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Dream Caster

Martha’s Vineyard’s Janet Messineo wins fishing derby trophies—and devoted fans—for her superlative surfcasting skills.

Martha’s Vineyard’s Janet Messineo

The Cape Cod sun sets over Janet Messineo as she casts her reel out into the ocean, hoping to catch a beautiful fish that will soon hang in her workshop. Photo by Lynn Christoffers

Every year, when the Martha’s Vineyard Striped Bass and Bluefish Derby consumes the island in a frenzy of fishing, Janet Messineo turns into an insomniac. At night, she casts a line to catch stripers during their prime feeding hours. In the daylight, she angles for bluefish, bonito, and false albacore. “Since I fish all four species, I never can sleep,” the 63-year-old says. Part of Messineo’s motivation comes from her fiercely competitive spirit, but even as she considers slowing down, more than 35 years spent as a fisherman has turned her passion into a compulsion. “I have to fish,” she says. “It’s not even about the prizes for me.”

Martha’s Vineyard’s Janet Messineo

Messineo hauls her catch of the day back to her cottage. Photo by Lynn Christoffers

Whether it’s competing in the derby, which runs September 12 to October 16 this year, or working as a surfcasting guide, writing fishing articles, serving as past president of Martha’s Vineyard Surfcasters, or creating taxidermy skin mounts and fish jewelry, fishing is Messineo’s lifestyle. The girl from the housing projects of Lawrence, Massachusetts, first fell in love with the sport during a trip to Chappaquiddick in 1970. “It seemed like a miracle,” Messineo describes her first encounter with fishing. “Here was all this sand and this ocean. My friend threw this little thing out in the ocean and came back with a beautiful fish.”

Messineo’s devotion to fishing inspired her to break through gender barriers in the masculine sports world, start a business and become an artist at middle age, and pass on the wonders of the sport—and the beauty of the beach at night—to others. At five-feet, two inches, Messineo couldn’t even find a pair of waders that fit until 1992. “Size 6 men’s was the smallest you could get,” Messineo says. “I looked like the Michelin tire guy.” But she persisted even in ill-fitting waders, in part as a way to combat the alcoholism with which she struggled. “I thought I needed my bottle of courage to roam the beaches in the dark but realized how much I was missing when I fished under the influence,” she says, recalling her path to sobriety in the mid-1980s. “If I did not have fishing to focus on, I am not sure giving up my life of drinking would have worked.”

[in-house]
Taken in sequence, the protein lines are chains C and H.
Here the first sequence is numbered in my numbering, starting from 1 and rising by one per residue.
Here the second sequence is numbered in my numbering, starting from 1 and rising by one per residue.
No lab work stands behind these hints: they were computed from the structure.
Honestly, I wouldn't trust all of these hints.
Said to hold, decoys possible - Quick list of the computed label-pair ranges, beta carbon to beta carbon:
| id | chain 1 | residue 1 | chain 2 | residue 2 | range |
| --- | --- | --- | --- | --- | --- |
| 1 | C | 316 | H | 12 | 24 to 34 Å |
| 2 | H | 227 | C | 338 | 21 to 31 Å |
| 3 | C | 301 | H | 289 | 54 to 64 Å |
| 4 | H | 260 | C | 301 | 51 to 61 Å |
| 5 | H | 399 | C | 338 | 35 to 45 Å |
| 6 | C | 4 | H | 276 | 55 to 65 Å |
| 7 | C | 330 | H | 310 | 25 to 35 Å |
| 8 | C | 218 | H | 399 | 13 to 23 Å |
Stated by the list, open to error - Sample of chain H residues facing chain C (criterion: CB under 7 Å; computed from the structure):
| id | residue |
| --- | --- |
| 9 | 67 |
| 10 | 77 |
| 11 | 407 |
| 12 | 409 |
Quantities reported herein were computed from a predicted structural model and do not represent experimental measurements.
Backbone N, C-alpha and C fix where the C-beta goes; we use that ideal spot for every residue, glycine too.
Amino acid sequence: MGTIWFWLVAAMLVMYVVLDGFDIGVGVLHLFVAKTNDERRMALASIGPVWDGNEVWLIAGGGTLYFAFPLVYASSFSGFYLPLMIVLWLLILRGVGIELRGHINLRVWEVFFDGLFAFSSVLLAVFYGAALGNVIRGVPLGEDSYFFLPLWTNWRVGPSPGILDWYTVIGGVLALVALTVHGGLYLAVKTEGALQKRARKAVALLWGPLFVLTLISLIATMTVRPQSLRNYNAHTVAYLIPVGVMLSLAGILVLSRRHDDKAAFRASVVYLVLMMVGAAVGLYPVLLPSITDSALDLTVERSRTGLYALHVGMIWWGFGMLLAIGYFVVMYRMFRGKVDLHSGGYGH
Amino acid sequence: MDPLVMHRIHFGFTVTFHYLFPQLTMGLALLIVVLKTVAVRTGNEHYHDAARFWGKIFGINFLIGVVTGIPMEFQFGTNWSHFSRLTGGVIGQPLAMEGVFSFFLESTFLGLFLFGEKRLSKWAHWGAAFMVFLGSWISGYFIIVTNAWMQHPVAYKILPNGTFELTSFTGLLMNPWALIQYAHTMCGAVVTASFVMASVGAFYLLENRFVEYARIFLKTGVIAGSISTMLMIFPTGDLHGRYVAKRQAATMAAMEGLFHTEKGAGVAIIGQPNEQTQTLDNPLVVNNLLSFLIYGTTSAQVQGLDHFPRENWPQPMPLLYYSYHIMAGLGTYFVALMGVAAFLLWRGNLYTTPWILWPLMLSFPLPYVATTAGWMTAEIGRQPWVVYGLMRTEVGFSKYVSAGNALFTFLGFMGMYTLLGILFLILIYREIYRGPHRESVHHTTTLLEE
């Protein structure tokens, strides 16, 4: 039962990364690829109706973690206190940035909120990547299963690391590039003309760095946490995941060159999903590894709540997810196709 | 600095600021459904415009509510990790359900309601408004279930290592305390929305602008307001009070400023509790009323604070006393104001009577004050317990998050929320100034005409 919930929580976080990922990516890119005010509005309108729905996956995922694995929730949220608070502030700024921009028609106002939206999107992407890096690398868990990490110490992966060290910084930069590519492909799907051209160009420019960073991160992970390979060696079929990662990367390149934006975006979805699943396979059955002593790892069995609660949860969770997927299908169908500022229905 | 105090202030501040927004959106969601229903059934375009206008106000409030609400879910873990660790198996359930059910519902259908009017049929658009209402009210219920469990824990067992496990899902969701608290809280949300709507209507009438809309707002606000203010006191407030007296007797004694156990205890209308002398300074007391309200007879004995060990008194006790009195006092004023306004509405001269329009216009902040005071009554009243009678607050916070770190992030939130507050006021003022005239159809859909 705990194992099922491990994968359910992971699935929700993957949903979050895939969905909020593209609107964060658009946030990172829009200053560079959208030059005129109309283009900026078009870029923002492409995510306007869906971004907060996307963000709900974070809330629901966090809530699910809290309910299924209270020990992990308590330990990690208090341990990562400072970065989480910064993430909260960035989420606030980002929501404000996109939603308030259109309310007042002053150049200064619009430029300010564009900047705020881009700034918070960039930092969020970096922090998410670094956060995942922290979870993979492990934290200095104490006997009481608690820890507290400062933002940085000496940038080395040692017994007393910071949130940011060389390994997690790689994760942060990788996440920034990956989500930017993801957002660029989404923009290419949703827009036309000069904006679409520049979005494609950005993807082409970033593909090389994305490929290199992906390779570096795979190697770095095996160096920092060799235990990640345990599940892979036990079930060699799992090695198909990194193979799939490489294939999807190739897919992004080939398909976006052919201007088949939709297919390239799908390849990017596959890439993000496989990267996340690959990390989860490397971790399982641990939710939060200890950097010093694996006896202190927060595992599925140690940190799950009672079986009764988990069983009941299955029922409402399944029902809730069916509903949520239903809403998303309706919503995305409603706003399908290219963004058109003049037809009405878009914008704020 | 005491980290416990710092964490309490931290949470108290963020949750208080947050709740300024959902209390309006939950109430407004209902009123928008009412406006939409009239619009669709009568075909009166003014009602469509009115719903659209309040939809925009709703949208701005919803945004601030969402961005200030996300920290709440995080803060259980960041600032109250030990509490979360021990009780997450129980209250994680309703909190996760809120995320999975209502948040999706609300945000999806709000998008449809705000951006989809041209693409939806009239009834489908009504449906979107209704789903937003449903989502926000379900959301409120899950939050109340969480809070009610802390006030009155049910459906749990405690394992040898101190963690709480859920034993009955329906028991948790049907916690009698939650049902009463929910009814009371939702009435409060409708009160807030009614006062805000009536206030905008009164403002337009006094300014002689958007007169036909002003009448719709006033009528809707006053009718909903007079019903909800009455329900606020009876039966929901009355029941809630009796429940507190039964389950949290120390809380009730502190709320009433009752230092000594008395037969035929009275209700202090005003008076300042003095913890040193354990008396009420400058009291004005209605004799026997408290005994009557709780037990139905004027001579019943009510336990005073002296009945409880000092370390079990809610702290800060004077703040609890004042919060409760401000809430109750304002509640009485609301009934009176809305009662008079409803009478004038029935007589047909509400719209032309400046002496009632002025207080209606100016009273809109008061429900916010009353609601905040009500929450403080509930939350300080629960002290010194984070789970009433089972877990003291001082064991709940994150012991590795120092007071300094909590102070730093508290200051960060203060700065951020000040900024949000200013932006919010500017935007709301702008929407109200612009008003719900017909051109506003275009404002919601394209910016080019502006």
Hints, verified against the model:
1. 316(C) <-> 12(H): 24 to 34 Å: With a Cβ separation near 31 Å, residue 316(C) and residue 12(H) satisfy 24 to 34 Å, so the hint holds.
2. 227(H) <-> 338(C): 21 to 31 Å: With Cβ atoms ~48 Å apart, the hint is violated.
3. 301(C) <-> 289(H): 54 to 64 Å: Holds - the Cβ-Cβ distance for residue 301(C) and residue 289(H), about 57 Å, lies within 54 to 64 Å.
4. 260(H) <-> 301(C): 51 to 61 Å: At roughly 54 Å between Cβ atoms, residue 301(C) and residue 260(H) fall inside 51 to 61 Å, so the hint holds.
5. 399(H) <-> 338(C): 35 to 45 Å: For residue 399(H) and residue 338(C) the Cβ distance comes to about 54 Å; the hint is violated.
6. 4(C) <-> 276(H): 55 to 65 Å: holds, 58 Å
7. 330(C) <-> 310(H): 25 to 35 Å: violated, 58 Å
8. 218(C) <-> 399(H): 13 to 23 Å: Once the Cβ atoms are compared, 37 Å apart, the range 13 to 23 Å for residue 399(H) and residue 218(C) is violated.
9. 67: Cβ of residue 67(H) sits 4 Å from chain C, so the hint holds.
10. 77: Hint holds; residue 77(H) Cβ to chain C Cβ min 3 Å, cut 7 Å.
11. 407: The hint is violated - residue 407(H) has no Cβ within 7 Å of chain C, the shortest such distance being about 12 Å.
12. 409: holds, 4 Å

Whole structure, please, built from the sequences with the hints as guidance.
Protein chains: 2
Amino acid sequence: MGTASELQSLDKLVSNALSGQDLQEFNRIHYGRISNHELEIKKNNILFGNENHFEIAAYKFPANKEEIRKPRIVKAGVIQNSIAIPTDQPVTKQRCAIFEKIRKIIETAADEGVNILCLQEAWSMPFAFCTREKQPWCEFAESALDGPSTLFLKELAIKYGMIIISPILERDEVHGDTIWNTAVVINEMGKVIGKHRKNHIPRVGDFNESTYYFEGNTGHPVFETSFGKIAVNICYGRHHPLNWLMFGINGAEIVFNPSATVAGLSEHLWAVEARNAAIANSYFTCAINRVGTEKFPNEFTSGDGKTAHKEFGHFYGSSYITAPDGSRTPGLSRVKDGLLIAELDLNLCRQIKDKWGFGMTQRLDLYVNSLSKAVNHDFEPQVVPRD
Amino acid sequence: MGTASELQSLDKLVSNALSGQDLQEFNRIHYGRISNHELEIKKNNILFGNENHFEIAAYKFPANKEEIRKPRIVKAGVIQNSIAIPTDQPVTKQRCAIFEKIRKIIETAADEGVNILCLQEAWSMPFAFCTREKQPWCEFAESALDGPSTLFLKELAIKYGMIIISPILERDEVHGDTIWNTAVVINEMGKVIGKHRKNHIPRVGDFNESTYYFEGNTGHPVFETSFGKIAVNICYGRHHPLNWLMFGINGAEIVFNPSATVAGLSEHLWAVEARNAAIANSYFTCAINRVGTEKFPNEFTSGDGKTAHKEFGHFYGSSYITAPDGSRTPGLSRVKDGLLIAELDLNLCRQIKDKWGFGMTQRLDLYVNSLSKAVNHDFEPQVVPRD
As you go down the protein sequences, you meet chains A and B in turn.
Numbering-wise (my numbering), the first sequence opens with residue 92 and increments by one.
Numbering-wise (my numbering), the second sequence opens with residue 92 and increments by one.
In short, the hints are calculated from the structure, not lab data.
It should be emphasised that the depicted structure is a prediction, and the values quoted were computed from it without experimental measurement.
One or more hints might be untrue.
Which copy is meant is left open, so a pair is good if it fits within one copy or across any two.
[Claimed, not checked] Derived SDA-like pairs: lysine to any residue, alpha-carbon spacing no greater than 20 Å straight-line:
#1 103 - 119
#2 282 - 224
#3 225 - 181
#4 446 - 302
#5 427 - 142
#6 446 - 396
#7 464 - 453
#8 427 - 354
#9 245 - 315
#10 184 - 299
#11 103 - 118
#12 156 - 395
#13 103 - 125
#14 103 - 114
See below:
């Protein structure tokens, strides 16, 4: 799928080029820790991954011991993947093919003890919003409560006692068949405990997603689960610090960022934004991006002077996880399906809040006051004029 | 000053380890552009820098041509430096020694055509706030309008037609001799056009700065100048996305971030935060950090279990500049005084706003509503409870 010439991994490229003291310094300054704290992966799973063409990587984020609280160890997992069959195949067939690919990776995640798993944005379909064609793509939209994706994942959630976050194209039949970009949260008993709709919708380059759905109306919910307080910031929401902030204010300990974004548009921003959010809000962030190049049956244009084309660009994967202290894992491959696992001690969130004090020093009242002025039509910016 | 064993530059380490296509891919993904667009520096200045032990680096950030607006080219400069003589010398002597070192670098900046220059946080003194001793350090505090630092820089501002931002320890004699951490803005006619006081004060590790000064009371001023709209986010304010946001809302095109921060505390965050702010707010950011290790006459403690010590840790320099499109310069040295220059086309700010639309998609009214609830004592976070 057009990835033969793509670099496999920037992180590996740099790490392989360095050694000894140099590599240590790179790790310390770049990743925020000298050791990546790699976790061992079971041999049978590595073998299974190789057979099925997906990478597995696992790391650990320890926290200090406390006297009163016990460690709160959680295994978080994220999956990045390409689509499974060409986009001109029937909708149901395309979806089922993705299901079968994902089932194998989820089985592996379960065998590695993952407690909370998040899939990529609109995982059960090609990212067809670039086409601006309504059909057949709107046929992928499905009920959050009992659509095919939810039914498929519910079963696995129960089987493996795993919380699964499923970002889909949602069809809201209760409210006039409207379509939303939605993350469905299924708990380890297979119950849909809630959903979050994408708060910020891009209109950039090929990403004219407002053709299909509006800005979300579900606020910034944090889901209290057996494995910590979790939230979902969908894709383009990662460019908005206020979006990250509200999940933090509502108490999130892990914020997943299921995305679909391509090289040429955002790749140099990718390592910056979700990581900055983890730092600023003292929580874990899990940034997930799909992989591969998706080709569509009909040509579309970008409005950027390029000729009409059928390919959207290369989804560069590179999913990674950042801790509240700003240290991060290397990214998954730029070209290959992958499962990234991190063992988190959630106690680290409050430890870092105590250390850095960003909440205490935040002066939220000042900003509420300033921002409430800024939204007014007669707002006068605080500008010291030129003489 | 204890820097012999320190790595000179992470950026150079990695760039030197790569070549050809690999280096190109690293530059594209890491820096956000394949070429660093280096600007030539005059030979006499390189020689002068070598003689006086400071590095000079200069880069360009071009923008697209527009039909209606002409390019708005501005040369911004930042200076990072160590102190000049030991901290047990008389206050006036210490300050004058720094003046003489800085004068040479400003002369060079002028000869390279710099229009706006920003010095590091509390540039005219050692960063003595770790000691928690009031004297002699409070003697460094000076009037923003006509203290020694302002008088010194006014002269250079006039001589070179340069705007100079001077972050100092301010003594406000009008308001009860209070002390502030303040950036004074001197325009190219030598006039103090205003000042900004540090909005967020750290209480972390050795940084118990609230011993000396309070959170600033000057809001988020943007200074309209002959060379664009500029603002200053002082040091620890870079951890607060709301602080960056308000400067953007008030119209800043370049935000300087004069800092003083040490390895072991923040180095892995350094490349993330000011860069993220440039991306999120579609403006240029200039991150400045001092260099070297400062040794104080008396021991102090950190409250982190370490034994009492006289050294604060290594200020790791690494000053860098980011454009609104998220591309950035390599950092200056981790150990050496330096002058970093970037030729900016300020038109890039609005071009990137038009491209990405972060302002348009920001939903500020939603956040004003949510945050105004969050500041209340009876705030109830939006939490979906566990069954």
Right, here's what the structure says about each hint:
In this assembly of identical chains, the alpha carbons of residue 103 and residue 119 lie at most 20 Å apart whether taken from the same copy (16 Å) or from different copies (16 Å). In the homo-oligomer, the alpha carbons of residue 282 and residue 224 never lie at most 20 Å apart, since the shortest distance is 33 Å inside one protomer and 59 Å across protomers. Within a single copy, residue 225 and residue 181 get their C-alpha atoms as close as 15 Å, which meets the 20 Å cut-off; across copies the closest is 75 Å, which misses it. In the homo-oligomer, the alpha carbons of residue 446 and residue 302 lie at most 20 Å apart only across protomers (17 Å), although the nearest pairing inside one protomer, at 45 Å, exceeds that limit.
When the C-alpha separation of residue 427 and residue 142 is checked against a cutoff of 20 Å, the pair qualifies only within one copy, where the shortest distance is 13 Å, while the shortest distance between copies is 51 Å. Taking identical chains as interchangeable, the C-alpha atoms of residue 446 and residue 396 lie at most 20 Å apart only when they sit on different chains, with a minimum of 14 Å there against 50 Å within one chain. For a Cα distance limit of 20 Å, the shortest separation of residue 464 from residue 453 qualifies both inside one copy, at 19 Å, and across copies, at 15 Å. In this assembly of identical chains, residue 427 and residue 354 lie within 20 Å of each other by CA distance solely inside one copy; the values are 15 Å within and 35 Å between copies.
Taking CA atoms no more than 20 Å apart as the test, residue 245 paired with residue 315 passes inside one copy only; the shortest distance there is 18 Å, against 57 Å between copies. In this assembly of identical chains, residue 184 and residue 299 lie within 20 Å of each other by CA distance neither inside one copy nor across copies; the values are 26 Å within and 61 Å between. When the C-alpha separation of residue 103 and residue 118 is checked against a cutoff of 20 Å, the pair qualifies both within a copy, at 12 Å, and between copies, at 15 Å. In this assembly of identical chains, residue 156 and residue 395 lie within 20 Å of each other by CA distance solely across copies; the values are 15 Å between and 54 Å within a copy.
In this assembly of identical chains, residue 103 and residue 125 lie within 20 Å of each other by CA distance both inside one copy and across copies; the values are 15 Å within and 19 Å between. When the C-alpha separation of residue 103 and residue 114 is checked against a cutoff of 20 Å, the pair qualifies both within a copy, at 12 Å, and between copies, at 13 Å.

The derby— five crazy weeks in the fall when competitors fish day and night, trying to reel in the most poundage in striped bass, false albacore, bluefish, and bonito—is where Messineo made her name as a sportswoman. She’s won countless prizes in the women’s division, but she’s most proud of her awards for overall rank in the tournament (men and women) for fishing from shore, including second place for striped bass in 1984, first place for false albacore in 1985, first place for bonito in 1985, and second place grand slam—all four species—in 1998. “Jeez, I am one lucky gal!” she marvels.

It was her 45-pound, second-place striper in 1984, which she had mounted by Cape Cod taxidermist Wally Brown, that inspired Messineo to pack up for the Pennsylvania Institute of Taxidermy to learn the art of skin mounts. Skin mounts are personal trophies for fishing enthusiasts, commemorating catches from a child’s first sea robin to a sportsperson’s prizewinning bluefish. They’re also prized as carefully sculpted works of art, capturing the fish’s elegant form and shimmering colors in three dimensions. She graduated in 1987 and the basement of her Vineyard Haven home became the Island Taxidermy and Wildlife Art studio, filled with sinks, vats of solution, and walls full of exquisitely mounted and painted fish, including large-mouth bass, brook trout, scup, and, of course, bluefish and stripers.

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